"Greedy Host" Puts On A Show
Woods made 73% of his fairways and averaged slightly more than 28 putts per round.
BETHESDA, Md. (AP) -- Tiger Woods made it a hat trick of victories in tournaments hosted by PGA Tour stars, this one the most meaningful of all because it was his own.
Woods lived up to his hopes of being a "greedy host" Sunday, leaving Anthony Kim in his wake and then making a 20-foot birdie putt on the 16th hole to overtake hard-charging Hunter Mahan for a one-shot victory in his AT&T National.
He closed with a 3-under 67 at Congressional for his third victory of the year, the others coming at the Arnold Palmer Invitational at Bay Hill and Jack Nicklaus' Memorial Tournament.
The challenge came from a rising star, just not the Californian anyone expected.
Mahan made six birdies on the back nine for a 62, tying the course record that Kim had set on Thursday. The final birdie on the 18th gave him a share of the lead, and Mahan had to wait more than an hour to see if Woods could top him.
Woods twice scrambled for par to stay tied for the lead, then looked as though he squandered a good birdie chance on the par-5 16th when his chip from the rough came out heavy and stopped 20 feet from the hole. Backing off once, he rolled in it, then walked stoically to the hole, nodding his head.
He closed with routine pars to finish at 13-under 267. The 68th victory of his PGA Tour career moved him to the top of the money list and the FedEx Cup standings for the first time this year.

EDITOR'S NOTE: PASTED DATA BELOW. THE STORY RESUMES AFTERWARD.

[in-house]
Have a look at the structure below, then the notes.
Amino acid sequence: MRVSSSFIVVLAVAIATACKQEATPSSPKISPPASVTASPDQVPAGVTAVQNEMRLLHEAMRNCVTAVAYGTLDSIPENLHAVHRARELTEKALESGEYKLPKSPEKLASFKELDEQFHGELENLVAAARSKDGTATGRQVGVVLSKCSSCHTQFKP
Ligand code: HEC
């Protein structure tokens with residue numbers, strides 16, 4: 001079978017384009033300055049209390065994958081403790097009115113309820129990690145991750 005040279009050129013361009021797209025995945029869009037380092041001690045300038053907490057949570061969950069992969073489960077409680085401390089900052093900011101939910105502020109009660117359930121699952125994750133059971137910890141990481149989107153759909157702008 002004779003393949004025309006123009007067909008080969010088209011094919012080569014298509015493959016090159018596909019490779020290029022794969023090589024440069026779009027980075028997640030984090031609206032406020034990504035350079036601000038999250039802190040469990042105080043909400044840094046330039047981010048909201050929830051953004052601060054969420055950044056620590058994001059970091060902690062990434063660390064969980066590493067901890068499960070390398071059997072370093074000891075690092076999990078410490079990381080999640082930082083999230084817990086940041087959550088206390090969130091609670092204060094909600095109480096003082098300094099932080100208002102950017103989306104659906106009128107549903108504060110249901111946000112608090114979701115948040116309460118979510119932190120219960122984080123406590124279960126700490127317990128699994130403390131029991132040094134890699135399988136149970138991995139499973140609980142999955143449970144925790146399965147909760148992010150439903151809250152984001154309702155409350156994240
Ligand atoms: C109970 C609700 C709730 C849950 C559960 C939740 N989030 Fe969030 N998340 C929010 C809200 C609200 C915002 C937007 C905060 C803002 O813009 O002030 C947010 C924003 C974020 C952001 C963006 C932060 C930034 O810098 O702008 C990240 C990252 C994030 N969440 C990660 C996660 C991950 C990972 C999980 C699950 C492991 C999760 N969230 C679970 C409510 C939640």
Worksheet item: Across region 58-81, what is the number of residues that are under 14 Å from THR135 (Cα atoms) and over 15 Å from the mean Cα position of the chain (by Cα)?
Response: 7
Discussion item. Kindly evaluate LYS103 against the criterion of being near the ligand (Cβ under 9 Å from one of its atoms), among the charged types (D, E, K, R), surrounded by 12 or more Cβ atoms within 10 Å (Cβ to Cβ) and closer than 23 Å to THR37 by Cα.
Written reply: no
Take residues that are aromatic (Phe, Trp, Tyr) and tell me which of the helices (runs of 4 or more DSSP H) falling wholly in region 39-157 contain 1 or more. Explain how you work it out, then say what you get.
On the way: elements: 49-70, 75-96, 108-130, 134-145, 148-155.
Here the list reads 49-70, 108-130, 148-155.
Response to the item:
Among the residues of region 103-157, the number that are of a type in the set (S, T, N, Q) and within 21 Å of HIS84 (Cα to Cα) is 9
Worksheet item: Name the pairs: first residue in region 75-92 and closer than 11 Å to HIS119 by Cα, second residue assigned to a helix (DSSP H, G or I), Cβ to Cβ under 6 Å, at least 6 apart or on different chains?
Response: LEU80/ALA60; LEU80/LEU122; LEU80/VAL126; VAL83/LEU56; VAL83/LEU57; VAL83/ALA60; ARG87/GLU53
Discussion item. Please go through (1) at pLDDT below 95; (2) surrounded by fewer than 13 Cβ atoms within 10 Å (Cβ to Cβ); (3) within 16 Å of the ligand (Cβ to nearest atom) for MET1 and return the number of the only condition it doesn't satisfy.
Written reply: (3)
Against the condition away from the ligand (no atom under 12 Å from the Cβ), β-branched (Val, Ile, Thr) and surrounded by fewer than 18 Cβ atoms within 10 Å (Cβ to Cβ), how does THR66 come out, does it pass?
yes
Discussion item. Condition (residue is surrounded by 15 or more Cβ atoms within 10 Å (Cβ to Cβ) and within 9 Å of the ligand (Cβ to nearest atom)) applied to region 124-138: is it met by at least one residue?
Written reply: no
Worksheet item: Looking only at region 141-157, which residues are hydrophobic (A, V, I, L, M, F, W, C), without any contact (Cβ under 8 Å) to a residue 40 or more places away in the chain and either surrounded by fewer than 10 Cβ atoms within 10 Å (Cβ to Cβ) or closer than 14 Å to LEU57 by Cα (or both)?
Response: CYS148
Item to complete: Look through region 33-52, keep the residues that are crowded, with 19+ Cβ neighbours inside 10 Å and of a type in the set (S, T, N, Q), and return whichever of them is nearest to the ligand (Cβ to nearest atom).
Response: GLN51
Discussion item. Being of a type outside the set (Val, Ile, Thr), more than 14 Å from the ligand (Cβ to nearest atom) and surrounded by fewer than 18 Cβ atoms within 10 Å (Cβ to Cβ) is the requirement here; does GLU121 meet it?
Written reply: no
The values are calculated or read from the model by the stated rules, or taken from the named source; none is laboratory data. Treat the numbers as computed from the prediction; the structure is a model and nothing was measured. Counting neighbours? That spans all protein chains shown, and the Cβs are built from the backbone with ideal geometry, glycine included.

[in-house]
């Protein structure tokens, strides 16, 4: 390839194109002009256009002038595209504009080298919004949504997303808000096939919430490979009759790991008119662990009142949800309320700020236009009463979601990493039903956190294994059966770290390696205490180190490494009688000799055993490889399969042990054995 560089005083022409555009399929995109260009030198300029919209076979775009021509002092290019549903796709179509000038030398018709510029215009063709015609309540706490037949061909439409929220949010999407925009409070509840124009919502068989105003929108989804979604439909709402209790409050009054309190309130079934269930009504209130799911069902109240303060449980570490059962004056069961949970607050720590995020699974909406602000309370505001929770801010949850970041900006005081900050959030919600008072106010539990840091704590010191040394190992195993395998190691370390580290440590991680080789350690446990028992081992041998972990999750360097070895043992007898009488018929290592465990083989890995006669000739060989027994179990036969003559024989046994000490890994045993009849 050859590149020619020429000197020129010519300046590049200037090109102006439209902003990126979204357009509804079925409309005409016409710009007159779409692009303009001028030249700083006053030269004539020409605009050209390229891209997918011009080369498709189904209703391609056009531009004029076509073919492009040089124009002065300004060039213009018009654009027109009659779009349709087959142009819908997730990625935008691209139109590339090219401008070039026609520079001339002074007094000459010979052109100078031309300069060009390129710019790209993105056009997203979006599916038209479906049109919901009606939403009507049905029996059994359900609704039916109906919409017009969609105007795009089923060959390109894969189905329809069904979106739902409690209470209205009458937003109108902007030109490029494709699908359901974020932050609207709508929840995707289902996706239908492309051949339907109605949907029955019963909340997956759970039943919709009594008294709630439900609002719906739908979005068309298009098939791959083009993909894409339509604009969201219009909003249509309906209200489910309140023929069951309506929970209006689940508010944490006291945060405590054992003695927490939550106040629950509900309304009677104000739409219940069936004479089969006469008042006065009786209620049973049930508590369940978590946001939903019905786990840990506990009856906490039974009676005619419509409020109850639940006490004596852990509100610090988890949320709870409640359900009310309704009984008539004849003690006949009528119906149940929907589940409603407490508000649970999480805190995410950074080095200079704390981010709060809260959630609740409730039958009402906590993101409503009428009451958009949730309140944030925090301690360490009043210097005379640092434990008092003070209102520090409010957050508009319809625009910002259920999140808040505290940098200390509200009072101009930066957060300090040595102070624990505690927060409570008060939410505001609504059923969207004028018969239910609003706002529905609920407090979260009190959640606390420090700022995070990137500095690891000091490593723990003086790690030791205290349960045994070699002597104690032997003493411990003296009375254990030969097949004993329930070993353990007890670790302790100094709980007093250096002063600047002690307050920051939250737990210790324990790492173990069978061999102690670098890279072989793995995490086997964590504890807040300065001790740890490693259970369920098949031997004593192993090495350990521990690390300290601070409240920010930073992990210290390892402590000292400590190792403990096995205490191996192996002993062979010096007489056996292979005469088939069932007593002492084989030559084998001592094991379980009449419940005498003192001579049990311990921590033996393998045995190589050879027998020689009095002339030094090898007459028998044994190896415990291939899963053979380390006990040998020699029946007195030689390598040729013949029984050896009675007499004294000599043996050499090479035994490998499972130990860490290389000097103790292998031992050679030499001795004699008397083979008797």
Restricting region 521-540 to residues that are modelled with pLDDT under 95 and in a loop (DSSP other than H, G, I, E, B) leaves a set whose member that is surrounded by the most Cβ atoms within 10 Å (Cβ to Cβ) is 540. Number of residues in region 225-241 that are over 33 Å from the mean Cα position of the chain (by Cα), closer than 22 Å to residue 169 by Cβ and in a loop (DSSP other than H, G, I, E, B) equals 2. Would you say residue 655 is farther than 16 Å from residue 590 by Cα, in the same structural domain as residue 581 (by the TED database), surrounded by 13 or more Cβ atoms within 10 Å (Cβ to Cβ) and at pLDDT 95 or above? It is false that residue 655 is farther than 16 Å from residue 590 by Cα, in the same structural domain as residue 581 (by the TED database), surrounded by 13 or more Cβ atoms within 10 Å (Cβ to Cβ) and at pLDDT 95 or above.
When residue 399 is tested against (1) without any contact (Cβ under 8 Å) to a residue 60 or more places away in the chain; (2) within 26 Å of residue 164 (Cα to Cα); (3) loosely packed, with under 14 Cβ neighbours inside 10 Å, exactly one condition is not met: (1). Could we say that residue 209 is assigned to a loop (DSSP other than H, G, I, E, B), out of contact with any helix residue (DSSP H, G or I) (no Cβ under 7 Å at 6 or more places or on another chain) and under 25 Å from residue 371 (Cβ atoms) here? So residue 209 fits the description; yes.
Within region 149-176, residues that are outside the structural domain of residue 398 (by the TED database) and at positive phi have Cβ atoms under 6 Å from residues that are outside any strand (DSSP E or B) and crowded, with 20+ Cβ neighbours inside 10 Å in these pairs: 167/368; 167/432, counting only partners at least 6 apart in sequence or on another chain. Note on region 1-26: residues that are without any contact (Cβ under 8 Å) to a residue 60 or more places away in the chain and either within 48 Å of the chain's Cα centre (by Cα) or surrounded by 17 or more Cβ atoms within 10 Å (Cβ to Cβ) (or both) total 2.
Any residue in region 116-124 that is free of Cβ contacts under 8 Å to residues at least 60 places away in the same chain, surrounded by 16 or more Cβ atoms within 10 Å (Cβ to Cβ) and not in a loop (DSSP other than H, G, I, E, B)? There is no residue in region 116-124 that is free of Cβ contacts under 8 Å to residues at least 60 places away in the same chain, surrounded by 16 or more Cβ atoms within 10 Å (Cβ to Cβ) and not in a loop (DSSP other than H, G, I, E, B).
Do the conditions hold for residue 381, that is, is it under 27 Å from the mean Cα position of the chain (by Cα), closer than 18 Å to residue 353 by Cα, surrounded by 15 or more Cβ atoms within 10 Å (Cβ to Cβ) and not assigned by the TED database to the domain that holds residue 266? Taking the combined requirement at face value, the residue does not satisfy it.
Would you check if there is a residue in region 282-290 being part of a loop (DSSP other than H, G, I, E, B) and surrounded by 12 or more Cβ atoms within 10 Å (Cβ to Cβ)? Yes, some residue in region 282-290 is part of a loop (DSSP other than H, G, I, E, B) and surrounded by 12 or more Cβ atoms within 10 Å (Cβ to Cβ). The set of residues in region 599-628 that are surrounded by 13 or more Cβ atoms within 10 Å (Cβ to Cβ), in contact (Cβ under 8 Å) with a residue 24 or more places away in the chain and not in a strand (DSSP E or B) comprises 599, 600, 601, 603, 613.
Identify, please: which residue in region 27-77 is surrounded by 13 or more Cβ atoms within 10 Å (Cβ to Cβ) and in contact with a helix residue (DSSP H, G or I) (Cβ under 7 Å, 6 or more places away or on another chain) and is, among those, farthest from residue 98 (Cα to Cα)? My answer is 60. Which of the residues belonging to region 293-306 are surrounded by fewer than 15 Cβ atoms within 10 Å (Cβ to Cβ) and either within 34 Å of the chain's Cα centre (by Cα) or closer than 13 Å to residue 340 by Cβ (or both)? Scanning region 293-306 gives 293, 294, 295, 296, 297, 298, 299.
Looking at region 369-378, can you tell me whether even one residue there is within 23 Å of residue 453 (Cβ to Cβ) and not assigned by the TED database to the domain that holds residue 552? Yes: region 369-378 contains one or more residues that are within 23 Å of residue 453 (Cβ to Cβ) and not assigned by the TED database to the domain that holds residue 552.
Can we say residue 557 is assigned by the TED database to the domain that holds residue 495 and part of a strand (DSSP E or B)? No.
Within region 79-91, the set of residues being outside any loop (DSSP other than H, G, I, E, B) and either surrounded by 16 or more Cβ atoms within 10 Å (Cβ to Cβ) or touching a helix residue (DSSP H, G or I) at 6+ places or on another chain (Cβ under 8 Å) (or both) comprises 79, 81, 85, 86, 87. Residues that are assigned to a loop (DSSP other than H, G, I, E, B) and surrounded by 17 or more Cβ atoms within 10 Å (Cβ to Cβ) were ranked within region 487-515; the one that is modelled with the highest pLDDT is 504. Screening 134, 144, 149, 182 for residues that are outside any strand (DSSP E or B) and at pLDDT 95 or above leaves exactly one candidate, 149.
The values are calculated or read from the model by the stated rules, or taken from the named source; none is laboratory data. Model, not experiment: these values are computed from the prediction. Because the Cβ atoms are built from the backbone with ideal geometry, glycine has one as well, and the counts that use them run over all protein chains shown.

Whether it gives him any momentum will be determined in two weeks at Turnberry.
All three of Woods' victories this year have come in his final start before a major, and he finished four shots behind in both the Masters and the U.S. Open at Bethpage Black two weeks ago.
The next stop is the British Open on a links course Woods has never seen.
As for the golf he played Sunday -- that was nothing new.
Woods kept mistakes to a minimum -- he failed to make par on the 11th hole for the fourth straight round -- and took advantage of his birdie chances when he had them.
Kim simply couldn't keep up.
It was the ideal final pairing at Congressional -- the world's No. 1 player and tournament host tied with Kim, a confident 24-year-old who was the defending champion. Kim lost four shots in four holes on the front nine, and didn't make a birdie on the back nine.
He closed with a 71 to finish alone in third, four shots behind.
"I had a lot of fun," Kim said. "I know I'll be knocking on the door again. It's only a matter of time. I learned if you have a birdie putt, you better make it."